Videos and PowerPoint

There are hundreds of instructional videos at YouTube, and some are excellent. Those about installing or repairing programs and devices tend to be exceedingly helpful. However, videotaping of a formal class lecture is seldom very successful.

Why not? Pacing is a major problem as with any lecture because the material comes too rapidly for some viewers and too slowly for others. Furthermore, passive viewing is inferior to interaction with the material.

This or a similar program has become the standard for seminars. The speaker guides the audience through the material, and imagine how lame the presentation would be without him or her. The teacher adds:

  • Pacing to suit the attention of the audience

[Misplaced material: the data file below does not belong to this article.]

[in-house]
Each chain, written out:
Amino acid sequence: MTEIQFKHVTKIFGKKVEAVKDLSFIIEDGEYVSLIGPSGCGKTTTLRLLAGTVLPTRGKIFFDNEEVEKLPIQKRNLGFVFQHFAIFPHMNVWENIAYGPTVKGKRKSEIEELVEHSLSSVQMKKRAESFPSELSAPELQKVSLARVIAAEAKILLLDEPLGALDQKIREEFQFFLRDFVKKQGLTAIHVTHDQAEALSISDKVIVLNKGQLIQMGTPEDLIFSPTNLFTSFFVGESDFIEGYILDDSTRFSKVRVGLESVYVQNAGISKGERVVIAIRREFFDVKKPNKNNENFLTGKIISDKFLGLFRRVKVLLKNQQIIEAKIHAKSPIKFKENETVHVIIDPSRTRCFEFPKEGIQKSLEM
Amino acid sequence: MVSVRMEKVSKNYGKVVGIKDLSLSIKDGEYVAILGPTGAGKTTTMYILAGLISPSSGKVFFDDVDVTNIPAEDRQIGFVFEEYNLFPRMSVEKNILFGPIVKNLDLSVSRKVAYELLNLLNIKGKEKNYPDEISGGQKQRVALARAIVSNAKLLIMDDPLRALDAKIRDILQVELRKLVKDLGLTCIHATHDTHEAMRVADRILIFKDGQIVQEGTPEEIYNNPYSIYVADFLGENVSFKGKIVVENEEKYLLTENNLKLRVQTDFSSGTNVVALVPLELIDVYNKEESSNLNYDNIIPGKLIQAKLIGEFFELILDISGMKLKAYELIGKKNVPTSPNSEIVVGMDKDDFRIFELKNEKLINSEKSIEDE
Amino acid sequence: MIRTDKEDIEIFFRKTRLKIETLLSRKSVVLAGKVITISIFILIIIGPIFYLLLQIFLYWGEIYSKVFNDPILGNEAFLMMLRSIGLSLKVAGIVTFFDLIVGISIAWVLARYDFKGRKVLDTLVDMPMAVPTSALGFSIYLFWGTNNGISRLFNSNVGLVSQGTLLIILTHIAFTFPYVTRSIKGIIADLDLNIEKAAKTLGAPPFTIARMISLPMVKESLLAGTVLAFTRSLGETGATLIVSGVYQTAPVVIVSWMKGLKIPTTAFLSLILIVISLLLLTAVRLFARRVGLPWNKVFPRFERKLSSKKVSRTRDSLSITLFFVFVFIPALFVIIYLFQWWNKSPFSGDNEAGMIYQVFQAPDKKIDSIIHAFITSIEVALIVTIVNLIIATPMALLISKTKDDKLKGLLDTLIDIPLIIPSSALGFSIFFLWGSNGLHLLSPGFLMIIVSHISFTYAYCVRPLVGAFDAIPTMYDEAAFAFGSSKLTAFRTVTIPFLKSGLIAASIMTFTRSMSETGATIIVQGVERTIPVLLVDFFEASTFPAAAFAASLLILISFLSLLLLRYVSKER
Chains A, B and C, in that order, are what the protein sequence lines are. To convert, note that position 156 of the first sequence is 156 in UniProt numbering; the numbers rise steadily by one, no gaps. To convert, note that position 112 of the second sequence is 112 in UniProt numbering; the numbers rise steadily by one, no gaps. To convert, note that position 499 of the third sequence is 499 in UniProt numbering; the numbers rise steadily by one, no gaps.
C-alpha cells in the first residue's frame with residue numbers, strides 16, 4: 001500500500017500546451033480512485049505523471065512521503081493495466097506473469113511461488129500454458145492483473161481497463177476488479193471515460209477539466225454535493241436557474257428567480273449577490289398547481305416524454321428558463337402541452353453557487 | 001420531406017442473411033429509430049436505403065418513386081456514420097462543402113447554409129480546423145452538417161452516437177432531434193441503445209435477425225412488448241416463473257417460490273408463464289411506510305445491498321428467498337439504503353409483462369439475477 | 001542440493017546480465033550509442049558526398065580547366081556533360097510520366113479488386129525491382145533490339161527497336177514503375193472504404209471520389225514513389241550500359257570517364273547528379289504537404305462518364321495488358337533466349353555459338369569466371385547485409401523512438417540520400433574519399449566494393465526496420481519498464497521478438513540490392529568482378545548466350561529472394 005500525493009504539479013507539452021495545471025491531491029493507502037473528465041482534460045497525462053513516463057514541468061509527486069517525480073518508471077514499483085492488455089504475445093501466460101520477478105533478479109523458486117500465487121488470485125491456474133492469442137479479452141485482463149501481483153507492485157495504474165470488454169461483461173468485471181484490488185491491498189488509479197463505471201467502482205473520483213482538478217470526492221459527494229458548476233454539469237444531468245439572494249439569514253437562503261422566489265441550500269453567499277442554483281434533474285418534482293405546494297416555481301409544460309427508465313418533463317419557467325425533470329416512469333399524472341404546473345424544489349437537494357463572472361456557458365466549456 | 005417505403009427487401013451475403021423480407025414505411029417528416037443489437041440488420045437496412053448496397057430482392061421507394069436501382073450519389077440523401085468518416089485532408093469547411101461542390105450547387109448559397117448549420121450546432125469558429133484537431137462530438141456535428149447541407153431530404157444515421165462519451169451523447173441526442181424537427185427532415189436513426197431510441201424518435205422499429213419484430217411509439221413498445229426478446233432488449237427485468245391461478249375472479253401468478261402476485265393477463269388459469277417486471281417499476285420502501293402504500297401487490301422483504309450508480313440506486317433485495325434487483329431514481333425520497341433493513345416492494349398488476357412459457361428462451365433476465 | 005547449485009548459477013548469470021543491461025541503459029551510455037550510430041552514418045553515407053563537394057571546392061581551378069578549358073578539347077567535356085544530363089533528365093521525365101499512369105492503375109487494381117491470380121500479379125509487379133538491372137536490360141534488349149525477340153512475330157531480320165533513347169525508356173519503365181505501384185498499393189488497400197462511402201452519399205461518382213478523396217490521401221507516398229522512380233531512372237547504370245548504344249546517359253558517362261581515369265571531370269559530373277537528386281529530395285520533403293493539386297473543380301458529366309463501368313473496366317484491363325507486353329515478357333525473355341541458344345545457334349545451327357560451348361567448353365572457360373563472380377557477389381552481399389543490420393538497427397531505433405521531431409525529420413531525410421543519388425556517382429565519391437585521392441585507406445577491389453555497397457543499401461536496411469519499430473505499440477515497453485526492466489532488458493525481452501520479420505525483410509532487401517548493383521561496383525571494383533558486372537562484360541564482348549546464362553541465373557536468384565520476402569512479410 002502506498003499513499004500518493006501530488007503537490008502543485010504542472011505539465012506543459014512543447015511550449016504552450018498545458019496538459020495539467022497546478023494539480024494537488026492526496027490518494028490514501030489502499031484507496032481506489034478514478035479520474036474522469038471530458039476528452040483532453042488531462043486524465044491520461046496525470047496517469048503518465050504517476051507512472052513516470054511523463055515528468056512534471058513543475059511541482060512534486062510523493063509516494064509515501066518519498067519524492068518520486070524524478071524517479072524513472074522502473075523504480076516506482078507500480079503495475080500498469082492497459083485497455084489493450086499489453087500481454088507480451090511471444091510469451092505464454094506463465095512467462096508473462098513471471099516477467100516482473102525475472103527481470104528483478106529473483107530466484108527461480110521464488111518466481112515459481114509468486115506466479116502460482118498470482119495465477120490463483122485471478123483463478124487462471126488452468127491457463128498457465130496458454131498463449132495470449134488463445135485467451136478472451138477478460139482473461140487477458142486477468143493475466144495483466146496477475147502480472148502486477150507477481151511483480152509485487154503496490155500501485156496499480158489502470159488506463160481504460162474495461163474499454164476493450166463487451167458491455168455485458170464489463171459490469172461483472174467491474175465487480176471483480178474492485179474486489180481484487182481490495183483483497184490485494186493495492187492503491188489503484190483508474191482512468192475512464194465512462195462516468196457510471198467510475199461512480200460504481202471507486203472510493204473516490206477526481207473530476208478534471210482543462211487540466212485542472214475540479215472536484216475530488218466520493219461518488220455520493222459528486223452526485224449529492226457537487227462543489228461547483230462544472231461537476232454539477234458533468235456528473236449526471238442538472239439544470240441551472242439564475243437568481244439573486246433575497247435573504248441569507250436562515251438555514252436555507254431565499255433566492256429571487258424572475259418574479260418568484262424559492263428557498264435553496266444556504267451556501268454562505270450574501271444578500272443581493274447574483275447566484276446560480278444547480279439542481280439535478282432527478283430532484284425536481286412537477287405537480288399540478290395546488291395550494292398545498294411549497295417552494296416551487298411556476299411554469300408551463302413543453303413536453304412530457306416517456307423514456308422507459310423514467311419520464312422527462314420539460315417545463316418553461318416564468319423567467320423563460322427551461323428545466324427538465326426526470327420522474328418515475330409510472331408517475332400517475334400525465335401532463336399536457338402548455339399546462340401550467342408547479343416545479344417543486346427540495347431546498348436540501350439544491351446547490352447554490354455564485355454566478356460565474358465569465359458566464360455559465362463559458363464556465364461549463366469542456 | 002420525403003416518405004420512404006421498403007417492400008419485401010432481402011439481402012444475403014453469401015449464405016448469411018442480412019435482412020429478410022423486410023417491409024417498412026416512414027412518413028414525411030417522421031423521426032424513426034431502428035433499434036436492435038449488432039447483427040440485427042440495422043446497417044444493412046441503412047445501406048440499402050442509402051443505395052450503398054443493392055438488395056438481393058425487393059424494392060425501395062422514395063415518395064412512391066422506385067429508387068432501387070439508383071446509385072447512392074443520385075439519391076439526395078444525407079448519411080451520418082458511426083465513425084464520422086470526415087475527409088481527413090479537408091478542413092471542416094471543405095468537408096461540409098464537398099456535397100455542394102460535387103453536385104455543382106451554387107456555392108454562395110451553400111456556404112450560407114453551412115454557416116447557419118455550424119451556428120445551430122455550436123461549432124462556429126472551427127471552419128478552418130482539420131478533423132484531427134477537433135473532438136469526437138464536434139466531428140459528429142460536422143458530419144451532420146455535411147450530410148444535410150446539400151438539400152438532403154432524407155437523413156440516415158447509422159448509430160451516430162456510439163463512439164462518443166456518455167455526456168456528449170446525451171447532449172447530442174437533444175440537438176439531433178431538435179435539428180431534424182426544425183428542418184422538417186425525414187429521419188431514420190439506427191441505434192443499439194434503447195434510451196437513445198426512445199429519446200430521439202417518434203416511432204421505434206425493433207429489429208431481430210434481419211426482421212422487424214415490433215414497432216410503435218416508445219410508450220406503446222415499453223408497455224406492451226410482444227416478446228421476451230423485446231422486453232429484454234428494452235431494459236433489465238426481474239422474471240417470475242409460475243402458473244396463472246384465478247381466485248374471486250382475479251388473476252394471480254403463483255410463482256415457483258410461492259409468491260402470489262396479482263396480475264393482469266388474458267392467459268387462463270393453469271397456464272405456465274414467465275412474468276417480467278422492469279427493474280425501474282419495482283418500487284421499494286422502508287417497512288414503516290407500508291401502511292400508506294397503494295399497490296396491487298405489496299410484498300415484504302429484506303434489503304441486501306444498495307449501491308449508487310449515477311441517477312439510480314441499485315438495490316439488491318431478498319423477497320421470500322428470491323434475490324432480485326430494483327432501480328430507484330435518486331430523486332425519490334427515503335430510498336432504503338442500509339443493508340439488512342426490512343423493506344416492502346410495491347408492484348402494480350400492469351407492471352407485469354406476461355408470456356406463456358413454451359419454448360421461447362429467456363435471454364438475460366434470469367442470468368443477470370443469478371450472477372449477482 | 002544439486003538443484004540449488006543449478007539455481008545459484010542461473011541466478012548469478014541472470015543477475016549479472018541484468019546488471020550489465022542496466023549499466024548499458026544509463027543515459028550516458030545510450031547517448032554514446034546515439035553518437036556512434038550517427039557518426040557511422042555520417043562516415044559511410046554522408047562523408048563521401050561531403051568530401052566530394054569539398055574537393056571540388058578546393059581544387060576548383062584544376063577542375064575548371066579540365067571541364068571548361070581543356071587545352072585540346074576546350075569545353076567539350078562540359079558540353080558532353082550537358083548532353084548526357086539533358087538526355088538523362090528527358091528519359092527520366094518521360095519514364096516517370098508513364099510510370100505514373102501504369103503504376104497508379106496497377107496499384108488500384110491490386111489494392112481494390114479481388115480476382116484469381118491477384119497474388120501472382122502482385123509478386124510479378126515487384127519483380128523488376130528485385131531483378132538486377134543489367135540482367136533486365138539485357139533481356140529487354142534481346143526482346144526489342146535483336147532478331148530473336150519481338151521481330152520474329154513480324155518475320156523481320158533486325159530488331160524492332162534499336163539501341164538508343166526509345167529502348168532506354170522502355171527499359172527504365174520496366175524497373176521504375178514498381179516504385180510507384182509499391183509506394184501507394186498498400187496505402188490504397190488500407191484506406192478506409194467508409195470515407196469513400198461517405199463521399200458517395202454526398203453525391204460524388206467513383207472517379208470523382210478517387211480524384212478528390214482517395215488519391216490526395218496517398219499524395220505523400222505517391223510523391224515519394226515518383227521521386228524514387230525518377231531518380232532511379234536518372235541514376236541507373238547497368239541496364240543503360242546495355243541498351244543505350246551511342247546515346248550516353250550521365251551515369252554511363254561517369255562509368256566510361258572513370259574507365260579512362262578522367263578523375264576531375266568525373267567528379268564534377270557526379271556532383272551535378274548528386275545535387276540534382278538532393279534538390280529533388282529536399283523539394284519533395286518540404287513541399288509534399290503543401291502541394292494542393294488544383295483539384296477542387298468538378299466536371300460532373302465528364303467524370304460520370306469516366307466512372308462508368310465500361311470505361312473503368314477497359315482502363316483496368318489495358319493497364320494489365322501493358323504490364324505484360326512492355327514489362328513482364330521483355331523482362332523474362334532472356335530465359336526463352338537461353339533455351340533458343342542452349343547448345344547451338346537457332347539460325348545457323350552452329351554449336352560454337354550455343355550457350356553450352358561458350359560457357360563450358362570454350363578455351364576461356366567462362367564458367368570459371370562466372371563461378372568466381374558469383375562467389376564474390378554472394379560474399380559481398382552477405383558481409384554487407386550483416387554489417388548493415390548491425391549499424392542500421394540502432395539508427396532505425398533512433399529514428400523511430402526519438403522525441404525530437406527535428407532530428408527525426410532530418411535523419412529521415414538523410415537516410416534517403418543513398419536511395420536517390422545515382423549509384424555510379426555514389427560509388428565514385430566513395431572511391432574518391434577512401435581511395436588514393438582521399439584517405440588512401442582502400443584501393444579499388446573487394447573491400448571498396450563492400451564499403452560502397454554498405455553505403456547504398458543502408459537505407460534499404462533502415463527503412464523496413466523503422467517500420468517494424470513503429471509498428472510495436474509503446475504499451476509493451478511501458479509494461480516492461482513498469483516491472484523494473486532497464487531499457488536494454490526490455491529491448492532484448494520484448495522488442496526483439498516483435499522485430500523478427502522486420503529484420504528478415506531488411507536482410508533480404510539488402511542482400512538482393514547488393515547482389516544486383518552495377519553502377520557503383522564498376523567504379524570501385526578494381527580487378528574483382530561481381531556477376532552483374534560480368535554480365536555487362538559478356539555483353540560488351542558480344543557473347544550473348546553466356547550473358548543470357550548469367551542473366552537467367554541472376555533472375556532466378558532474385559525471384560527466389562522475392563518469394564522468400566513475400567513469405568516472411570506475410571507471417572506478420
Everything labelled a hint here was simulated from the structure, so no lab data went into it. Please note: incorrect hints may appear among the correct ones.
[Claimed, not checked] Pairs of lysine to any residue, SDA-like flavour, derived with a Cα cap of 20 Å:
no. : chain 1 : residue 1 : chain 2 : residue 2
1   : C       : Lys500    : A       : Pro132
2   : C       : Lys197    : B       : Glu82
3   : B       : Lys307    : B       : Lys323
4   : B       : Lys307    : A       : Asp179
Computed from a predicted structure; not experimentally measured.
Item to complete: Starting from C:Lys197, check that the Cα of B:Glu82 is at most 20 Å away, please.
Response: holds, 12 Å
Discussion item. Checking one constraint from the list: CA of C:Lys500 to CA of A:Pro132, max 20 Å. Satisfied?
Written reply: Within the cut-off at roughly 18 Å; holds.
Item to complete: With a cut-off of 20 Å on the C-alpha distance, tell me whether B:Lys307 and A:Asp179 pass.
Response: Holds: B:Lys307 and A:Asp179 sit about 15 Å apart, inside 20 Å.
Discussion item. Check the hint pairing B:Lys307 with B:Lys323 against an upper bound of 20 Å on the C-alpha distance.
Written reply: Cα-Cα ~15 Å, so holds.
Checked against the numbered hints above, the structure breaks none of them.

• Emphasis through intonation or loudness
  • Asides and digression
  • Additional explanation as needed
  • Interaction as with responses to questions

    PowerPoint examples in this book
    Security issues are the reason for having no HTML command for invoking a program for a web page. These do not apply here, but you need to click on the file for it to come up in PowerPoint.
    1. Locate jon/EnkinLect.ppt
    This is Professor Dordick's presentation that can be a fine template for a teacher to edit. Double click to bring it up in PowerPoint for viewing or for editing.

    2. Locate GrowPresent/Growth_Bungay.ppt
    This was an experiment to learn how to invoke a YouTube video into a PowerPoint presentation and to include links for selecting the next slide.

    There are alternatives to YouTube videos that let you have your own videos saved locally, but it can be frustrating to try to run them on a computer that has a different web browser or operating system. Experienced programmers trust YouTube videos to run with any browser.